An unusual case of bacillary angiomatosis in the oral cavity of an AIDS patient who had no concomitant tegumentary lesions - case report and review.
Walter de Araujo Eyer-Silva, Pedro Eugênio Mendes Arena Soares, Marcelo Costa Velho Mendes de Azevedo, Guilherme Almeida Rosa da Silva, Dario José Hart Pontes Signorini, Rogerio Neves-Motta, Jorge Francisco da Cunha Pinto, Lívia Machado Moura, Rodrigo Panno Basílio-de-Oliveira, Luciana Ferreira de Araujo, Alexsandra Rodrigues de Mendonça Favacho, Elba Regina Sampaio Lemos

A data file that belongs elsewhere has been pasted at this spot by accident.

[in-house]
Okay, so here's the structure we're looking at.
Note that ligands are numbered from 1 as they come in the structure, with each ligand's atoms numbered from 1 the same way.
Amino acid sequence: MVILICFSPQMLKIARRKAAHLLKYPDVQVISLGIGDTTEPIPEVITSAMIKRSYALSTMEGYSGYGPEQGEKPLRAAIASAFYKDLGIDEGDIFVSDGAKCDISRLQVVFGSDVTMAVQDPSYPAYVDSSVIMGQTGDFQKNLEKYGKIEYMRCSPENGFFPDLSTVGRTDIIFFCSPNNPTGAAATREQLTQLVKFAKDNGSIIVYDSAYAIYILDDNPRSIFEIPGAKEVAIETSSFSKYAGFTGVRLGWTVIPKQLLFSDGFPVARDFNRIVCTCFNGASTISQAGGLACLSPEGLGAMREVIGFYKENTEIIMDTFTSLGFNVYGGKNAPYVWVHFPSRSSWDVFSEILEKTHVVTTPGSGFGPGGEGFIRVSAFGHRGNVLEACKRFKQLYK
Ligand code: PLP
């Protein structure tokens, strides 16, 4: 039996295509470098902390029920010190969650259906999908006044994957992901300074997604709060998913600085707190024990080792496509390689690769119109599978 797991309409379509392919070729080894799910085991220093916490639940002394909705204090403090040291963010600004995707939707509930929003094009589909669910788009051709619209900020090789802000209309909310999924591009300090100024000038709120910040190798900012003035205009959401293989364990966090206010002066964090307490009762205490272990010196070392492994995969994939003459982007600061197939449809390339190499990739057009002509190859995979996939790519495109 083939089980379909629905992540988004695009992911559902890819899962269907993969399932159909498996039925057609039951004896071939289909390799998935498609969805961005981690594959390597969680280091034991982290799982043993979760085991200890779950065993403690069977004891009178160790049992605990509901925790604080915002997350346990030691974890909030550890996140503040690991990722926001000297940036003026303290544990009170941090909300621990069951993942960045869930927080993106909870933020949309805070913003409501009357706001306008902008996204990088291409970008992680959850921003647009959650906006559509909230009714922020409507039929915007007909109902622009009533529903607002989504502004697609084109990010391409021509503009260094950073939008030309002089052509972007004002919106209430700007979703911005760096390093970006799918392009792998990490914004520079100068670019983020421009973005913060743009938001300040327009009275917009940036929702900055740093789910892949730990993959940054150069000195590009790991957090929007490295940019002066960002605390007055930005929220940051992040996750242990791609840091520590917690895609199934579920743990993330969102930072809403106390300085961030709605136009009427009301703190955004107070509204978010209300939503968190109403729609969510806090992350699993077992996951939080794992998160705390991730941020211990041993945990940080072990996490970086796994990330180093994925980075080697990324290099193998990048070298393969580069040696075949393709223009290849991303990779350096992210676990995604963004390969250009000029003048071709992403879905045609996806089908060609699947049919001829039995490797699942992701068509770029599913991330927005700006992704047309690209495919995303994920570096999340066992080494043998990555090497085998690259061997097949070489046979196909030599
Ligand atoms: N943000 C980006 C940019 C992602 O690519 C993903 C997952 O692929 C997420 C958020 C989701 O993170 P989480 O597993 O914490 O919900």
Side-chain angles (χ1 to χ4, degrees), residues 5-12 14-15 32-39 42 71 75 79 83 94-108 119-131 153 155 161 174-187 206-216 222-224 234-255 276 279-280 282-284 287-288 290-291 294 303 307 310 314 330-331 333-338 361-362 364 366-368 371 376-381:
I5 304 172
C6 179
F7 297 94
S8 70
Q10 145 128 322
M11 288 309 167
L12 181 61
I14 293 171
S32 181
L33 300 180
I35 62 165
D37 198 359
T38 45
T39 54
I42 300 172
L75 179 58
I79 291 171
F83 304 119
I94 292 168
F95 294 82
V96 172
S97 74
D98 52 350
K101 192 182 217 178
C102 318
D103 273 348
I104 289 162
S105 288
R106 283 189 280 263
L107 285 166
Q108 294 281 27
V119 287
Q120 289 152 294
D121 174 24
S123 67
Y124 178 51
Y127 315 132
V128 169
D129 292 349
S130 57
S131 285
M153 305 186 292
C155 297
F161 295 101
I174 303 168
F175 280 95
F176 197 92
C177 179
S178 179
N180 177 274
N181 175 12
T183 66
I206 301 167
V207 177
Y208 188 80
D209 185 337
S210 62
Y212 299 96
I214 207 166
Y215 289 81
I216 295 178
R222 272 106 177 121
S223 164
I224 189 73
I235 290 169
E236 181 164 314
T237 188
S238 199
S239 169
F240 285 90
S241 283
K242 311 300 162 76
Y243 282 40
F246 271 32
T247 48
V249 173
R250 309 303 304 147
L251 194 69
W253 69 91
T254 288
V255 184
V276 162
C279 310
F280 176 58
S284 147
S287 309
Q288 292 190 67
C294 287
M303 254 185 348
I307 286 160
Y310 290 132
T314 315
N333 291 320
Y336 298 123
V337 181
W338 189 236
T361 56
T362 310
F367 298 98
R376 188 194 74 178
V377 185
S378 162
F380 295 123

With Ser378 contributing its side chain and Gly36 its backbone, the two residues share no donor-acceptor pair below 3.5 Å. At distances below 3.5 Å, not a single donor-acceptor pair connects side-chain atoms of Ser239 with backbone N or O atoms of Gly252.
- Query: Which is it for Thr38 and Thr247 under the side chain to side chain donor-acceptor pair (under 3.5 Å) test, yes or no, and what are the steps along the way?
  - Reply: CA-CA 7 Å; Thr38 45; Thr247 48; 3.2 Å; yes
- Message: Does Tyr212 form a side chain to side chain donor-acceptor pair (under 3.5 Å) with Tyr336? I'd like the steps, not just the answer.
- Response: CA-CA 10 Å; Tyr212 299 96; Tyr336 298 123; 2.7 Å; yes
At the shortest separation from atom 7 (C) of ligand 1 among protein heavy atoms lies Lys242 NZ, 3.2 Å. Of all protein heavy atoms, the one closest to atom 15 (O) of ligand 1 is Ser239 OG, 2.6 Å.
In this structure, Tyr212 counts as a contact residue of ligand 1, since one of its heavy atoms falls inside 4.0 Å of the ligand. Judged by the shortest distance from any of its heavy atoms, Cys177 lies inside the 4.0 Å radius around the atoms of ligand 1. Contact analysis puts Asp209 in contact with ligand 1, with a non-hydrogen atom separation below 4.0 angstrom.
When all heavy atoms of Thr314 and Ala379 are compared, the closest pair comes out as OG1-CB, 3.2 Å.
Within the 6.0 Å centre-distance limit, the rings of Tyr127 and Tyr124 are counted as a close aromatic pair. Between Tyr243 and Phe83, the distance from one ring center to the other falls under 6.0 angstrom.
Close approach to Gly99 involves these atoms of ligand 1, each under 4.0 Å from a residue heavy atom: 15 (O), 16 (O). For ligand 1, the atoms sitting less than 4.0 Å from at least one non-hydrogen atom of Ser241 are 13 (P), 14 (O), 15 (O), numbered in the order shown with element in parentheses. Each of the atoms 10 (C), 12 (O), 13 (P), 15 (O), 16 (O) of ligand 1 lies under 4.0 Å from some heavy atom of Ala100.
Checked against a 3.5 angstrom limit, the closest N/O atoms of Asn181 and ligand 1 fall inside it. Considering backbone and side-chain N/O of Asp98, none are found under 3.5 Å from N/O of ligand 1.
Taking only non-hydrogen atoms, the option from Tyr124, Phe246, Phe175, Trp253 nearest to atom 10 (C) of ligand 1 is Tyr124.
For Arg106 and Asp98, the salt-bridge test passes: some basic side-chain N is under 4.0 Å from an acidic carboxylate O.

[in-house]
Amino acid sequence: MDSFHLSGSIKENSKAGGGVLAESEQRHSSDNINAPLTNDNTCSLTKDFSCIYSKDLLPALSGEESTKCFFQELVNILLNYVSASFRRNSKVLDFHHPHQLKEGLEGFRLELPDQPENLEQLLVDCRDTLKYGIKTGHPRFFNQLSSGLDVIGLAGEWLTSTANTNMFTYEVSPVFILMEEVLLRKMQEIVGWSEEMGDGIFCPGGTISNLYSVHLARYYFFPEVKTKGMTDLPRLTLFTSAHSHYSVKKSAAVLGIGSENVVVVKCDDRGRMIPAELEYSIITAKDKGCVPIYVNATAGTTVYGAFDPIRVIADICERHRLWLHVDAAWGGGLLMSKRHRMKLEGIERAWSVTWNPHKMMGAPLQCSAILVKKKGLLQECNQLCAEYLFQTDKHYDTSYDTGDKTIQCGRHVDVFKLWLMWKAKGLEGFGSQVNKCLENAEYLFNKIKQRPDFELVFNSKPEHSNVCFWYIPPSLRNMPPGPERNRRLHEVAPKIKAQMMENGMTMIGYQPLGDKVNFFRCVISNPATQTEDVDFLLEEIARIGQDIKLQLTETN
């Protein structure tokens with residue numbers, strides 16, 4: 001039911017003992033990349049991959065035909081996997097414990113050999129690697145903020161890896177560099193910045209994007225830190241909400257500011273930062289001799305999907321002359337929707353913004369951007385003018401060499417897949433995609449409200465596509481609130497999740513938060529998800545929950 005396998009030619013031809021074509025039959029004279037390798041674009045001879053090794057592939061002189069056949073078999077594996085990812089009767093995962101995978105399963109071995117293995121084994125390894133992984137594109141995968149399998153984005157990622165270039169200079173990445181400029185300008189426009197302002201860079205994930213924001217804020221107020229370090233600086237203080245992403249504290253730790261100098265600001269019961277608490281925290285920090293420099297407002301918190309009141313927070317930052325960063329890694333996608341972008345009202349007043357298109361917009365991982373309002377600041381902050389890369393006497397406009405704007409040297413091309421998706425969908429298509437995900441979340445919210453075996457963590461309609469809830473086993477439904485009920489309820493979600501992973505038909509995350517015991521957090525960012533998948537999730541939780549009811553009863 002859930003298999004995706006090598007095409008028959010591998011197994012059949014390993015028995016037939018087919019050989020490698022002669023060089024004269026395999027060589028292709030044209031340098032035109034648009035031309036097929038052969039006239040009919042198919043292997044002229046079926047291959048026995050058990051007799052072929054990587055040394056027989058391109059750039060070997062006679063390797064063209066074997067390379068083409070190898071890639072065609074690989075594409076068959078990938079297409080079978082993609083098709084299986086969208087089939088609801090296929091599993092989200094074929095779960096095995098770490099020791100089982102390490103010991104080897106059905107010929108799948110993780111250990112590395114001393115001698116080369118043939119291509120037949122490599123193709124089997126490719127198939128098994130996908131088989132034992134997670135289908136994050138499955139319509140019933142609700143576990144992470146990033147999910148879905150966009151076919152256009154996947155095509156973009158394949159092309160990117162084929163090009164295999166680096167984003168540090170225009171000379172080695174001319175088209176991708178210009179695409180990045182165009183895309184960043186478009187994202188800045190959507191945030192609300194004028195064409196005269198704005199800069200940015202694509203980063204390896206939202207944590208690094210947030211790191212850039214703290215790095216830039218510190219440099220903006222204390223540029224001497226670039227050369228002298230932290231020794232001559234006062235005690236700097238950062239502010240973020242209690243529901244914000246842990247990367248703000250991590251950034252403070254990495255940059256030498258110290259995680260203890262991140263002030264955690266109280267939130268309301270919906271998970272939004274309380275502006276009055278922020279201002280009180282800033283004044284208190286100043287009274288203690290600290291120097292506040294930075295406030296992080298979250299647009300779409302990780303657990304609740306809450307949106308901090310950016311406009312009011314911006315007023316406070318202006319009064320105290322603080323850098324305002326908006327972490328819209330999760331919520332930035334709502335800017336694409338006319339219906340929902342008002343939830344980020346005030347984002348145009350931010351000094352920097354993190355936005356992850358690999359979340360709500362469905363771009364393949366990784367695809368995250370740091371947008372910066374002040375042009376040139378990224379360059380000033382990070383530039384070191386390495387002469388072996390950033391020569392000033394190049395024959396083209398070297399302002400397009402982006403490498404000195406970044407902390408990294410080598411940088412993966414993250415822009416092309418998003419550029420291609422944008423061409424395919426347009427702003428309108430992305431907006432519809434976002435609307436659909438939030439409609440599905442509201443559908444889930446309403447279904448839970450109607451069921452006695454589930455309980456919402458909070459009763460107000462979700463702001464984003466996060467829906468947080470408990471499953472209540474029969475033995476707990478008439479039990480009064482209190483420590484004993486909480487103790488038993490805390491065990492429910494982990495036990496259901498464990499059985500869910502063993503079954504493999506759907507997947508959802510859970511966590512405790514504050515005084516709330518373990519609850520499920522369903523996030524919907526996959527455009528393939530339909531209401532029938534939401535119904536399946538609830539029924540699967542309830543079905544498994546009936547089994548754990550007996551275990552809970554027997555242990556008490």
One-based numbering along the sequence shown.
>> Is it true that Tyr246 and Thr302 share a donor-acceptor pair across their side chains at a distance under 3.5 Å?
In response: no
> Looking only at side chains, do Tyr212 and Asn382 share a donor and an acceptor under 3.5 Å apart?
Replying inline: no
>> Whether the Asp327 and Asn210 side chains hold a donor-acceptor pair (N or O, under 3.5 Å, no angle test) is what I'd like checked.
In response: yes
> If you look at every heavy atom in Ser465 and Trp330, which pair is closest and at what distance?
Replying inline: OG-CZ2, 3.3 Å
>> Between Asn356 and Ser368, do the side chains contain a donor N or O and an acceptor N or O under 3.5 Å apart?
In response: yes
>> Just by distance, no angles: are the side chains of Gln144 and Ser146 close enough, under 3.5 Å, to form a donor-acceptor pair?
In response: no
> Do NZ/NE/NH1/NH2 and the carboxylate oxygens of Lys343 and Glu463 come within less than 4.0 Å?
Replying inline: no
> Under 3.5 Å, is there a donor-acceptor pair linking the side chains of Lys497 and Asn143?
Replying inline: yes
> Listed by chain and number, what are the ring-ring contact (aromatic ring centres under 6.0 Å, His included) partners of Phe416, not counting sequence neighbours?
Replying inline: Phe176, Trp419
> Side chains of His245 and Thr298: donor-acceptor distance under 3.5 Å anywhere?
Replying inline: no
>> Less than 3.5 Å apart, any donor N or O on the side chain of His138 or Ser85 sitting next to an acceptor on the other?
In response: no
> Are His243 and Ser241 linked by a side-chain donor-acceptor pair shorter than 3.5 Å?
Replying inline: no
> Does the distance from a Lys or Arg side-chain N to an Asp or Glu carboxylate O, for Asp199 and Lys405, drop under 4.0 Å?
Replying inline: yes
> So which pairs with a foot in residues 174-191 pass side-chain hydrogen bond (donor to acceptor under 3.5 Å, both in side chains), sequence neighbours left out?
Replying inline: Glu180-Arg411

Bacillary angiomatosis (BA) is an angioproliferative disease of immunocompromised patients that usually presents as vascular tumors in the skin and subcutaneous tissues. It is caused by chronic infections with either Bartonella henselae or B. quintana. Oral cavity BA is exceedingly rare and even rarer without simultaneous cutaneous disease. We report herein the case of a 51-year-old HIV-infected man who presented severe odynophagia and an eroded lesion on the hard palate that progressed to an oronasal fistula. No cutaneous lesions were recorded. Doxycycline led to complete resolution. To the best of our knowledge, only six previous cases of oral BA without tegumentary disease have been previously reported and none of them progressed to fistula.
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